Standardized-test scores are arguably the dominant measure of student achievement in the United States. School districts utilize standardized assessments because it yields quantifiable information (scores and proficiency levels). With this information, teachers and administrators are able to track students’ progress and pinpoint their strengths and weaknesses in particular content areas or skills. They can also use the data to compare students by grade level, age or content courses. Most importantly, standardized tests allow educators to measure student achievement at the conclusion of each grade-level.

Common Criticisms

Although standardized assessments are beneficial, this testing system has been criticized for the type of data it generates. Standardized critics argue that these tests do not measure student achievement adequately. According to Dan Conley’s report A New Era for  Educational Assessment,  standardized tests only measure to what degree a student can recall “isolated facts, concepts, and skills.”

Such tests encourage schools to divide complex subject matter into isolated fragments. In order to prepare students to do well on these tests, educators have treated literacy and numeracy as though they were nothing more than a collection of distinct pieces to be mastered, with little attention to students’ ability to put the pieces together or apply them to other subject areas or real-world problems.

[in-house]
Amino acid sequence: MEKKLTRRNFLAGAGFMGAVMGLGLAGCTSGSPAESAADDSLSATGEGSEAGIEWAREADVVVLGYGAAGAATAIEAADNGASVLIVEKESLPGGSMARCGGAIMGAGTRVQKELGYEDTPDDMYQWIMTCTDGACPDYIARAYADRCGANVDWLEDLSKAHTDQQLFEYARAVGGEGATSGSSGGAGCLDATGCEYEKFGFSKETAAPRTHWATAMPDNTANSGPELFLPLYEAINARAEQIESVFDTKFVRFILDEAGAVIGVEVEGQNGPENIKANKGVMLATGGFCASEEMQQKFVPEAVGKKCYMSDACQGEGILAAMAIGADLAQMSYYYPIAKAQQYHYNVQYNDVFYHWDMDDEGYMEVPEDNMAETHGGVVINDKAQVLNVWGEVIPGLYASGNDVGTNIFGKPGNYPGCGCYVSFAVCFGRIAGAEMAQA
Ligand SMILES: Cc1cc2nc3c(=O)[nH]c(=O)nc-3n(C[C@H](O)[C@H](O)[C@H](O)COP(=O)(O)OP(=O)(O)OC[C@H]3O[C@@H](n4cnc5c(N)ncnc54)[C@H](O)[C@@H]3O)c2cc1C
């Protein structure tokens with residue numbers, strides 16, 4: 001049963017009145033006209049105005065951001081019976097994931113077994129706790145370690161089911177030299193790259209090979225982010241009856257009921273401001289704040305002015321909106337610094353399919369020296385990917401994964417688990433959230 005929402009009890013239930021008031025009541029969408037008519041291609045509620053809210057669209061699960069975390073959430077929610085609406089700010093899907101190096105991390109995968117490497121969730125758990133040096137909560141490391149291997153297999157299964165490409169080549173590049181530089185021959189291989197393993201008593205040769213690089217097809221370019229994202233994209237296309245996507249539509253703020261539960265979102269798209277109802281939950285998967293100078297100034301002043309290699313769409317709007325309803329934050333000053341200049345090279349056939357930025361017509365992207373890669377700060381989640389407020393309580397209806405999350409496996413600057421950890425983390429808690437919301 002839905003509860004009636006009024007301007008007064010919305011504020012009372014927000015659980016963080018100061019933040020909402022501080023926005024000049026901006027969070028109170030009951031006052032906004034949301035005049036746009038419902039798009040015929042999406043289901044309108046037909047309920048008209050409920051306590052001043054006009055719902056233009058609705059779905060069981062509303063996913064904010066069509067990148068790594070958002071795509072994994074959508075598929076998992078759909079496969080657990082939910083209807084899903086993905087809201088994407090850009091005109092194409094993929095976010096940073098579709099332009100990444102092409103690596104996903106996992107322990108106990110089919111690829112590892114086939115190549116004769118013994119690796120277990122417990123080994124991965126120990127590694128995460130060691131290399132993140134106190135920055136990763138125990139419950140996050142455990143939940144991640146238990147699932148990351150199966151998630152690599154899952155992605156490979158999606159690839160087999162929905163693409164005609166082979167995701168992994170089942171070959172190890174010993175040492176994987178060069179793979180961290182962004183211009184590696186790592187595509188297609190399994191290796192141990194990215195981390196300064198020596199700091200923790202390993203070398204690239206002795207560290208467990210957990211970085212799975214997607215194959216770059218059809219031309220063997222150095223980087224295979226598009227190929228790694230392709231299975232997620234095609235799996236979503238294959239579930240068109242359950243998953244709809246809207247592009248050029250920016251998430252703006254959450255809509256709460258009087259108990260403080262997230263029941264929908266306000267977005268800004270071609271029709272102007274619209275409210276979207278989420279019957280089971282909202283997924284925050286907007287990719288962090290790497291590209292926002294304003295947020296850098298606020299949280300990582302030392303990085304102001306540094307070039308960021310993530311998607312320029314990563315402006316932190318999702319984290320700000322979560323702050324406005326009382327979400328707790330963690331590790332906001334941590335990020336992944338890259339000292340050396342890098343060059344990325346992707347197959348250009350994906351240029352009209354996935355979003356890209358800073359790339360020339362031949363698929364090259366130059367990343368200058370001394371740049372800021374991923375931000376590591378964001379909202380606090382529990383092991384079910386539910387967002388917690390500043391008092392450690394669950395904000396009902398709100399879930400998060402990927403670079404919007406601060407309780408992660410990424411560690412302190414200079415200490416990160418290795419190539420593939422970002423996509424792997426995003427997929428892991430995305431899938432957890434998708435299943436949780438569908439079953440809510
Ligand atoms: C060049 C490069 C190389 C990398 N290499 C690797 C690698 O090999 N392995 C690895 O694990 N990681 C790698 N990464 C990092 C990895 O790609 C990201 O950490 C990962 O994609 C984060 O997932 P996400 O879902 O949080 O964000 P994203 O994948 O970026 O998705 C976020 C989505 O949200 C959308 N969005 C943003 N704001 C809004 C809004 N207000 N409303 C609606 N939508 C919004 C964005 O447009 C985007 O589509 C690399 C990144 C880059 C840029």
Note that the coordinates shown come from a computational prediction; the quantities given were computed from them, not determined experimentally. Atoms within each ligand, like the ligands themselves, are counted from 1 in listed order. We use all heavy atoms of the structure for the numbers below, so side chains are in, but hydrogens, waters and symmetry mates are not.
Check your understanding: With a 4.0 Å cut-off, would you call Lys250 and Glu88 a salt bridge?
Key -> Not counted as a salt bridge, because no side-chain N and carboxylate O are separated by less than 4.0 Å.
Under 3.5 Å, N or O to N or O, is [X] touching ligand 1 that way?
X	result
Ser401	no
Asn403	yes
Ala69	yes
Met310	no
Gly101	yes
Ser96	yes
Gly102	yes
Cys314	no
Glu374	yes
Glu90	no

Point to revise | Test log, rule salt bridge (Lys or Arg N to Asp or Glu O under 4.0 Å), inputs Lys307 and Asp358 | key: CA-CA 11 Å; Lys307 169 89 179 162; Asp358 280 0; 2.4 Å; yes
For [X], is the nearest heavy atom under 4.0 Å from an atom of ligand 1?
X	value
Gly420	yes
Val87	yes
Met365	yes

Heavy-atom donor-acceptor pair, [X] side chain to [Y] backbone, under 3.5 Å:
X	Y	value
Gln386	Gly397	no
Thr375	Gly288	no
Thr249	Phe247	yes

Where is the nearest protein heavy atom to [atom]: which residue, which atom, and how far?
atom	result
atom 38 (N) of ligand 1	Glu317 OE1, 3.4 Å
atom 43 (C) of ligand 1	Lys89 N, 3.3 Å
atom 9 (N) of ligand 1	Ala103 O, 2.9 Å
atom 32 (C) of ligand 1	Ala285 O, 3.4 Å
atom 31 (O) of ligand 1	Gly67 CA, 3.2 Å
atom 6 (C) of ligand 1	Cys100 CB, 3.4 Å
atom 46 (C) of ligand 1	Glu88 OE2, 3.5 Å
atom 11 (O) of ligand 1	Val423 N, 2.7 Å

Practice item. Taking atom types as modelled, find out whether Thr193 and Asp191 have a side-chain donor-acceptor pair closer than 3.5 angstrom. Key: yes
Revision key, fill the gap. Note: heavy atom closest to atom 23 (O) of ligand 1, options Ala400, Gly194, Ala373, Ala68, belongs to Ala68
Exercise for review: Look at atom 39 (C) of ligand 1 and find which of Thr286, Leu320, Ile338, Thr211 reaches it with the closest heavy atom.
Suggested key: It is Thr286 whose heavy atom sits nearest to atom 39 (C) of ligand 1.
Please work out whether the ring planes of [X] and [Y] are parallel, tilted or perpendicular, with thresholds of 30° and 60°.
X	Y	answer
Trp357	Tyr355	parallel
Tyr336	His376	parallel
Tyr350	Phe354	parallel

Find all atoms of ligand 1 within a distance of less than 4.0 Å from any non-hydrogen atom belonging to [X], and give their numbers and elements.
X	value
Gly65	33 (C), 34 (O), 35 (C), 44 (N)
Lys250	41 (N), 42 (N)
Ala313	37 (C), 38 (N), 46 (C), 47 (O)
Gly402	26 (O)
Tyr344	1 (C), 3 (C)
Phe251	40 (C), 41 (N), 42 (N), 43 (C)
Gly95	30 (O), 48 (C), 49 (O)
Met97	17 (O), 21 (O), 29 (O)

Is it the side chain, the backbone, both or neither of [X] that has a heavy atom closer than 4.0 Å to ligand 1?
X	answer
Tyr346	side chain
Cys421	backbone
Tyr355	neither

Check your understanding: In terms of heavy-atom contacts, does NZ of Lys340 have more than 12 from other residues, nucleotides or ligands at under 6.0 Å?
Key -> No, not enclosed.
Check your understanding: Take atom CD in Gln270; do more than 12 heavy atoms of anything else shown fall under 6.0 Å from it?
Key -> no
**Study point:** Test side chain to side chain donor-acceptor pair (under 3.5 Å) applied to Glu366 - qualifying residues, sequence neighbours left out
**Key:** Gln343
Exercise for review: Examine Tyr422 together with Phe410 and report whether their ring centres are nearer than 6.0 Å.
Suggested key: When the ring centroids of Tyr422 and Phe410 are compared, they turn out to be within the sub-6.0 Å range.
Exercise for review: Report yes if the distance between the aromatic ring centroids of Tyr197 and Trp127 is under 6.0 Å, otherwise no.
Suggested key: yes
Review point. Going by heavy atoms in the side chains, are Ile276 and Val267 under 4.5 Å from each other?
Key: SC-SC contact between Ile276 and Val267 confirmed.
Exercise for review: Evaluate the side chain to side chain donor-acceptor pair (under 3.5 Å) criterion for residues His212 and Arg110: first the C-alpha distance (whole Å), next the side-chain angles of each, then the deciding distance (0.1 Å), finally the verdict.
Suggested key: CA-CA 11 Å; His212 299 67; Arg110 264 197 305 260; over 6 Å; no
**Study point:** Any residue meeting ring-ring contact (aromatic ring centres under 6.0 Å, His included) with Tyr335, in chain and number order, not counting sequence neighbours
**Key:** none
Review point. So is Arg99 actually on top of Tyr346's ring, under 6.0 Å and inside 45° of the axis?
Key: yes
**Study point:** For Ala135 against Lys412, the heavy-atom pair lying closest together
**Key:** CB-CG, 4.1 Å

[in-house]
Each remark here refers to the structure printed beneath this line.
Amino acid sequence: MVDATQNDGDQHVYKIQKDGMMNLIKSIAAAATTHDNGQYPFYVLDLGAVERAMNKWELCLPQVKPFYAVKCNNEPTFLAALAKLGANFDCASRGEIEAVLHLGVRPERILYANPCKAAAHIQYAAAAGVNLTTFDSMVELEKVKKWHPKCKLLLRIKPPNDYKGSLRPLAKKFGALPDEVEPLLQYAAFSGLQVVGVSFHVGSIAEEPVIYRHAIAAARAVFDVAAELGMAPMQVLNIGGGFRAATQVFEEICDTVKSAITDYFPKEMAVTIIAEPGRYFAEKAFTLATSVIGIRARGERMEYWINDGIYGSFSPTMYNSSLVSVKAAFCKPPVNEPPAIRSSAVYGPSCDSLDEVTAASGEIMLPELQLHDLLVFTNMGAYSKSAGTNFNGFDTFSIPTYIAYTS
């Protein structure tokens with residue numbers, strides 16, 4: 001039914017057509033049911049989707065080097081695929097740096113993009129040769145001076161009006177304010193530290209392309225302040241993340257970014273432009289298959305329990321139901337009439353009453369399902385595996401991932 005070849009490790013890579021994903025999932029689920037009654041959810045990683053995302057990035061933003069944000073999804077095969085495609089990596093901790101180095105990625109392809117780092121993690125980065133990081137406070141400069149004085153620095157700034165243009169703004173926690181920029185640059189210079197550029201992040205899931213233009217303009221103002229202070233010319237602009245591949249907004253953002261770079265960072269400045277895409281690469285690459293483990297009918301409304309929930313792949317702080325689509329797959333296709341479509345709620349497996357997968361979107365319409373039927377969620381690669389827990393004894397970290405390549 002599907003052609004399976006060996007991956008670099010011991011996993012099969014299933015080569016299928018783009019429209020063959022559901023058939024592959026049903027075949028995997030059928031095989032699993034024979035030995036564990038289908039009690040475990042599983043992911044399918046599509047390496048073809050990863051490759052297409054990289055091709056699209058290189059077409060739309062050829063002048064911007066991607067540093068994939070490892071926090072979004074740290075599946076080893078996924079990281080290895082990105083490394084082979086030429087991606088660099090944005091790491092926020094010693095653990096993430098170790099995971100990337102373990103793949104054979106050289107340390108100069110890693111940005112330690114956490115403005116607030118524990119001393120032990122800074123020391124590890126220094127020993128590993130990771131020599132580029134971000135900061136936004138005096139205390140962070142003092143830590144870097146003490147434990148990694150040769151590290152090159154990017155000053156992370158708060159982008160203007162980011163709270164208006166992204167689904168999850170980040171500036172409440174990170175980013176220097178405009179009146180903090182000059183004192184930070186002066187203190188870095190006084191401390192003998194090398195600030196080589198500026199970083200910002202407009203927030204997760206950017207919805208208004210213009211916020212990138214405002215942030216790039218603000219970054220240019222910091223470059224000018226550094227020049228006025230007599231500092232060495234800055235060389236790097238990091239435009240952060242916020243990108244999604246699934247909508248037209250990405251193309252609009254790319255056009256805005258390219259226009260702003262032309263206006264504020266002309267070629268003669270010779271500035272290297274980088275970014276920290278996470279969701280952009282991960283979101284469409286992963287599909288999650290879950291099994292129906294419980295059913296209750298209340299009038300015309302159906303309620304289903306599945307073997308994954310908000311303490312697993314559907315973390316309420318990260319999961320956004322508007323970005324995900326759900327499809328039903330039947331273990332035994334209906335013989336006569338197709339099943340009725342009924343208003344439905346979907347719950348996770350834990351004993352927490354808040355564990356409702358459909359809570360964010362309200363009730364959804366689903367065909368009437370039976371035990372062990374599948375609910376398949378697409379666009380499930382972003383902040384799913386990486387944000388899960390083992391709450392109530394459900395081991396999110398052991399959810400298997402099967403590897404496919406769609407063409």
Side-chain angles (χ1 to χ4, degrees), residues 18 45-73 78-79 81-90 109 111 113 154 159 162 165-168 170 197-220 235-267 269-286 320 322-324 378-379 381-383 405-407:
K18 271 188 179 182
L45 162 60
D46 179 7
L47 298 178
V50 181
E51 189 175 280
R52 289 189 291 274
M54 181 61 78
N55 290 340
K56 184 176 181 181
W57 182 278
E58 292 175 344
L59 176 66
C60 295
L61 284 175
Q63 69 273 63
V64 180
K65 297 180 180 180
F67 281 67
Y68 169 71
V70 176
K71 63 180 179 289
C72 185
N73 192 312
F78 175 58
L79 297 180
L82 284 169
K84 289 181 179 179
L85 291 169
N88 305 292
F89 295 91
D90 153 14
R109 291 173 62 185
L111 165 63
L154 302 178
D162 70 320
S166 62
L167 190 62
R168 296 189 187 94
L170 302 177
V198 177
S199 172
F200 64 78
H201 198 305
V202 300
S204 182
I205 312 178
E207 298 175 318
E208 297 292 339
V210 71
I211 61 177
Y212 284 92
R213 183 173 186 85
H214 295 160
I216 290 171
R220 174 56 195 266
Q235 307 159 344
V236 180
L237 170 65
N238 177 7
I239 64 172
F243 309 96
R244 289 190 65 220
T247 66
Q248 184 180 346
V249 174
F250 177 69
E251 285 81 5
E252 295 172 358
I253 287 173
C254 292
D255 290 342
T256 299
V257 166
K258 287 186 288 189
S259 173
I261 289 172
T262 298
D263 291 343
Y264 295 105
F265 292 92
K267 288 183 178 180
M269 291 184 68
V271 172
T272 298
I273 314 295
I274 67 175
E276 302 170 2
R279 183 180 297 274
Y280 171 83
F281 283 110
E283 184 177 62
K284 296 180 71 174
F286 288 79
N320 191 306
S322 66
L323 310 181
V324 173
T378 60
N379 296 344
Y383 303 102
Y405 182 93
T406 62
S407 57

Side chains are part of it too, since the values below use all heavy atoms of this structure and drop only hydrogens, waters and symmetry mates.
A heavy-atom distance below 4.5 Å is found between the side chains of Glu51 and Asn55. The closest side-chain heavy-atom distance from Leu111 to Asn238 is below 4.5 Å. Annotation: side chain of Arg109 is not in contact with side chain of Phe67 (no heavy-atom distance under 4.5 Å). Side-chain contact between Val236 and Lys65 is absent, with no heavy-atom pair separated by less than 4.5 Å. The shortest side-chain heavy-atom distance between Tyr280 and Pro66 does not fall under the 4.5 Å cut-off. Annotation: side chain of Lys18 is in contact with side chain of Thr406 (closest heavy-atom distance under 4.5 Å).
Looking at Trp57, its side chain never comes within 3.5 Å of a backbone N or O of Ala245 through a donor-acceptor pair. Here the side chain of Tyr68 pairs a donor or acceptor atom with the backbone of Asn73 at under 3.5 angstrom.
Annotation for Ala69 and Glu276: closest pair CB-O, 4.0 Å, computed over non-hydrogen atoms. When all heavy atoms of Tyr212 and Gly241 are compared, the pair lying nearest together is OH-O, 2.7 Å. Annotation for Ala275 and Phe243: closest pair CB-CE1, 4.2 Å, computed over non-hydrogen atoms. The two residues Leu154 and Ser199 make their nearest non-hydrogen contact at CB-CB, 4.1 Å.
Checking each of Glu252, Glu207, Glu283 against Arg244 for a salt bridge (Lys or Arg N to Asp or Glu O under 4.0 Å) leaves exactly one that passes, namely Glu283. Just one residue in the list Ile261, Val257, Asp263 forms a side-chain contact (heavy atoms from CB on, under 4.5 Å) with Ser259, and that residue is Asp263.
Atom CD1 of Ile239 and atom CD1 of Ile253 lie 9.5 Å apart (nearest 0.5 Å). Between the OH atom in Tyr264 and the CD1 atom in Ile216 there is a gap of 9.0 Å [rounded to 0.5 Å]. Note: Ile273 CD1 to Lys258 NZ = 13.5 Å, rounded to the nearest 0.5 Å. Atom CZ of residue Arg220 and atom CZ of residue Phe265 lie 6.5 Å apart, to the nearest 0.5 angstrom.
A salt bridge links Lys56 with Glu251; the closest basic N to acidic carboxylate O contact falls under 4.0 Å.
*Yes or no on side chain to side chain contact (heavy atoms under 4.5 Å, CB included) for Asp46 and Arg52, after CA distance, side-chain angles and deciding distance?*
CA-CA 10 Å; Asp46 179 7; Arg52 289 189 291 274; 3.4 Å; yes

It is true that standardized test items do not resemble class assignments or real-world tasks. Instead, these exams are comprised of predetermined skills and concepts. Each assessment item is purposefully designed to calculate the amount of information taught, minus the amount not learned. Thus, a student’s academic achievement level is based on how well he/she can retain grade-level information. Another design limitation is its inability to evaluate a young person’s overall growth as a learner over the course of his/her schooling. Standardized tests can only determine if an individual is proficient during his/her testing cycle. Theoretically,  a student can still be labeled “low performing” because of his/her failure to obtain a score of proficient at year-end.

Despite these design flaws, K-12 education continues to administer standardized tests. Currently, these assessments are the only reliable and objective measures of student achievement. Without them, schools would have no learning data. Until other testing tools are perfected, school systems have no choice but to use these data tools.

Positive Effects

These assessments have introduced some positive changes within the K-12 education system.  First, districts are now accountable to make sure all students learn. Schools must increase every student’s academic performance gradually by year-end.  Second, school systems  have built up their curriculum and instructional programs as a result of standardized testing data. Nowadays,  curriculum and instruction target higher-order thinking skills, which was not the norm in a number of schools in past decades.  Finally, parents now have a better idea on how their children are doing as compared to students nationally and locally.

These tests are not perfect, but they now have a place in K-12 education.  They may evolve into better data instruments, but will never be removed from our school programs.


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